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Not banking on it

23 October, 2020

The last decade has delivered so many black swan events that we’re thinking of opening an aviary. But still, according to a new report, the US banking sector is underestimating the climate change risks it faces when it comes to its lending practices. 

The report, from sustainability NGO Ceres, found that over half of syndicated lending (those loans that are so large they require multiple lenders) in the USA is exposed to climate risk. This means that the organisations the banks are lending to stand to make losses because they aren’t properly prepared for the impacts of climate change or for the transition to the low-carbon economy. This risk doesn’t just come when lending to fossil fuel companies; it is also present in loans to industries like manufacturing and transportation that are highly reliant on those fuels. And, of course, the risks that banks face have the potential to affect us all in all aspects of our lives (see: 2008).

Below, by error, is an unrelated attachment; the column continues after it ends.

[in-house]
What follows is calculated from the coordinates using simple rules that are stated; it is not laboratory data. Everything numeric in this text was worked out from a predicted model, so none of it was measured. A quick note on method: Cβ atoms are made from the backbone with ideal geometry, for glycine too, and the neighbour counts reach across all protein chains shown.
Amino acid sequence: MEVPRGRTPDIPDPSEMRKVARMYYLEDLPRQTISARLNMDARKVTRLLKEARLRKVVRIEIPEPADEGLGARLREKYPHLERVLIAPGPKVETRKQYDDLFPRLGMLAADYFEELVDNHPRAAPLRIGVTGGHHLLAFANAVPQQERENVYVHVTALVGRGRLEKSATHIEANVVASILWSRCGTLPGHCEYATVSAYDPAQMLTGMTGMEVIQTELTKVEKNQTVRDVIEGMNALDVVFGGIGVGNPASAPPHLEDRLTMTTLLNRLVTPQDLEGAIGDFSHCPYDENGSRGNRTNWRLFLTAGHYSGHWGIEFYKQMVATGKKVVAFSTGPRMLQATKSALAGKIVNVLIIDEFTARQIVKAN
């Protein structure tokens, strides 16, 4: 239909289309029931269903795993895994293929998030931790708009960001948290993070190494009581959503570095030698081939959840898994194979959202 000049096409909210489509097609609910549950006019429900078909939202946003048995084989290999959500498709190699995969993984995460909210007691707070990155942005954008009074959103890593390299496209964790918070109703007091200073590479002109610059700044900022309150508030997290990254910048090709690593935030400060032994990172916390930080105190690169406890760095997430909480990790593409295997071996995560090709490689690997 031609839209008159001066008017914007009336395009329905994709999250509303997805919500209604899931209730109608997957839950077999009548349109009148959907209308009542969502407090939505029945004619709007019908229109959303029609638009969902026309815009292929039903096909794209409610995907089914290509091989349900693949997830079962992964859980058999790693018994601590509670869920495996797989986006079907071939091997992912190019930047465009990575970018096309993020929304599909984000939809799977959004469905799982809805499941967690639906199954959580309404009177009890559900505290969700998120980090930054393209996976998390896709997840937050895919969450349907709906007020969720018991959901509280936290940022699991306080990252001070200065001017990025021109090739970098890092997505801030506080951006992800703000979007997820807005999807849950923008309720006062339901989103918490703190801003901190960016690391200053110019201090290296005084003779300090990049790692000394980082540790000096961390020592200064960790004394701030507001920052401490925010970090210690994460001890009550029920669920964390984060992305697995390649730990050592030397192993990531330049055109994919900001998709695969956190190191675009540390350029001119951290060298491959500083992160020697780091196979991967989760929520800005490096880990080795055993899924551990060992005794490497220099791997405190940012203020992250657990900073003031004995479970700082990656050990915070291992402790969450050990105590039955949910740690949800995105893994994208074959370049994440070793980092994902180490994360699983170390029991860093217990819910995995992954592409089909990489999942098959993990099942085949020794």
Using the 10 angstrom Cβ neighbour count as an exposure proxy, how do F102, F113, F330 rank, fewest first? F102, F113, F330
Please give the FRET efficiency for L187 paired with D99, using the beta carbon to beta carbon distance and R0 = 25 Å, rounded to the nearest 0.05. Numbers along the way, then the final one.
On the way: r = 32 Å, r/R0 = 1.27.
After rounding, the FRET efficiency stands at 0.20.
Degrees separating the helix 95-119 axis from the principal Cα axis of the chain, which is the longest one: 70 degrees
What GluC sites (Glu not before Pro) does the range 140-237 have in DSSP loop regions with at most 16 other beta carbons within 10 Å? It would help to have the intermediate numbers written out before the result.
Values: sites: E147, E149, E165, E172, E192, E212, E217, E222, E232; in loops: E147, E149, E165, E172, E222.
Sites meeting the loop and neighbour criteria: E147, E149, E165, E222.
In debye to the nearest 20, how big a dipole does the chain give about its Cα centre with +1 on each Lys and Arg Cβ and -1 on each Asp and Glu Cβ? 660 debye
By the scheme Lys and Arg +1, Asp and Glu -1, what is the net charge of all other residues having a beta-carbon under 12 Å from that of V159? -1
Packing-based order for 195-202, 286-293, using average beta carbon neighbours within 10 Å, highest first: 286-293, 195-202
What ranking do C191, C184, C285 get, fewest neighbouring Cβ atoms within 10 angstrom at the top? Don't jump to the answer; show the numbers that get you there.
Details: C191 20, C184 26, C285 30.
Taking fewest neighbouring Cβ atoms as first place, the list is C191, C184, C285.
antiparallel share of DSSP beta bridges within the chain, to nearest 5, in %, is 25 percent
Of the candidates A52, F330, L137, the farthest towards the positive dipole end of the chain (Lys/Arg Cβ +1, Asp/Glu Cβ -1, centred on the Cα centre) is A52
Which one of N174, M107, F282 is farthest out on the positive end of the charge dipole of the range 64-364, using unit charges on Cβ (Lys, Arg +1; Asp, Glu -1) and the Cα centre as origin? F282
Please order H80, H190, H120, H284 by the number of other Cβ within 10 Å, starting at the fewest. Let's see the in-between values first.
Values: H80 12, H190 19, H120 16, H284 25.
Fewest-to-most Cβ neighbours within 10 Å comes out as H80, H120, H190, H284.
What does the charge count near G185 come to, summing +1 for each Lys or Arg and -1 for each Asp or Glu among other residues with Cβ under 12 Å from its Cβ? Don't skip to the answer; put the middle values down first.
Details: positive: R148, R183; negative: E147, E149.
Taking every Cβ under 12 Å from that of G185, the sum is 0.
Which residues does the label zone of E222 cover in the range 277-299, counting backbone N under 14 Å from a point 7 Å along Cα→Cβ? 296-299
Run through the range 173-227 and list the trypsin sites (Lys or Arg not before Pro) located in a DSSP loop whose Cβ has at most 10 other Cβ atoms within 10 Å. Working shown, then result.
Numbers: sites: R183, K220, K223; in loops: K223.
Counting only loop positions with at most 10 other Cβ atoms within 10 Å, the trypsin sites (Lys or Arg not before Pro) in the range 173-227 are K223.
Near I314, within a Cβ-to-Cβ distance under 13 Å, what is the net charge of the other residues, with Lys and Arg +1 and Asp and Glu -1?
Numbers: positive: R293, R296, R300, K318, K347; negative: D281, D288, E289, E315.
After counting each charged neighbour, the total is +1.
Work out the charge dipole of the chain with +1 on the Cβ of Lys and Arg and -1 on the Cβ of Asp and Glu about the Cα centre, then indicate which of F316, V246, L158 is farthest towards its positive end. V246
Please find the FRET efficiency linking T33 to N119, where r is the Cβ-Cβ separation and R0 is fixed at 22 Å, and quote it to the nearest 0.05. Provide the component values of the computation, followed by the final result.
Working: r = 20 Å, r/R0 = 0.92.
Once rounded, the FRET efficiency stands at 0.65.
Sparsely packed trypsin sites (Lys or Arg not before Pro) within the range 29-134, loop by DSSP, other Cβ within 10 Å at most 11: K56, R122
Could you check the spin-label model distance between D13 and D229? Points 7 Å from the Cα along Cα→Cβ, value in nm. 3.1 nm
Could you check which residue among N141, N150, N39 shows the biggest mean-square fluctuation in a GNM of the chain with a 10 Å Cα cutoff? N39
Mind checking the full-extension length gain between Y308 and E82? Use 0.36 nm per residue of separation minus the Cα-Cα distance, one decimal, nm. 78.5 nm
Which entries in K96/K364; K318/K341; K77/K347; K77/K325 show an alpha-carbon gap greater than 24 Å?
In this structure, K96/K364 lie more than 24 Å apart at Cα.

Sector leaders are starting to move on this issue. Earlier this year, for example, the launch of Natwest’s new purpose saw them declaring an aim to halve the climate impact of their financing by 2030. Other banks have taken similar steps. And why wouldn’t they? There is an opportunity for a double-win. Being more selective with who banks lend to, and engaging existing clients on climate risks will not only hasten and stabilise the transition to a low-carbon economy, it will also reduce the risks associated with making those loans.

The report makes 13 recommendations for change to address this issue. The thirteenth is to follow the other 12 recommendations, and quickly. We would agree.

By Ben Wood

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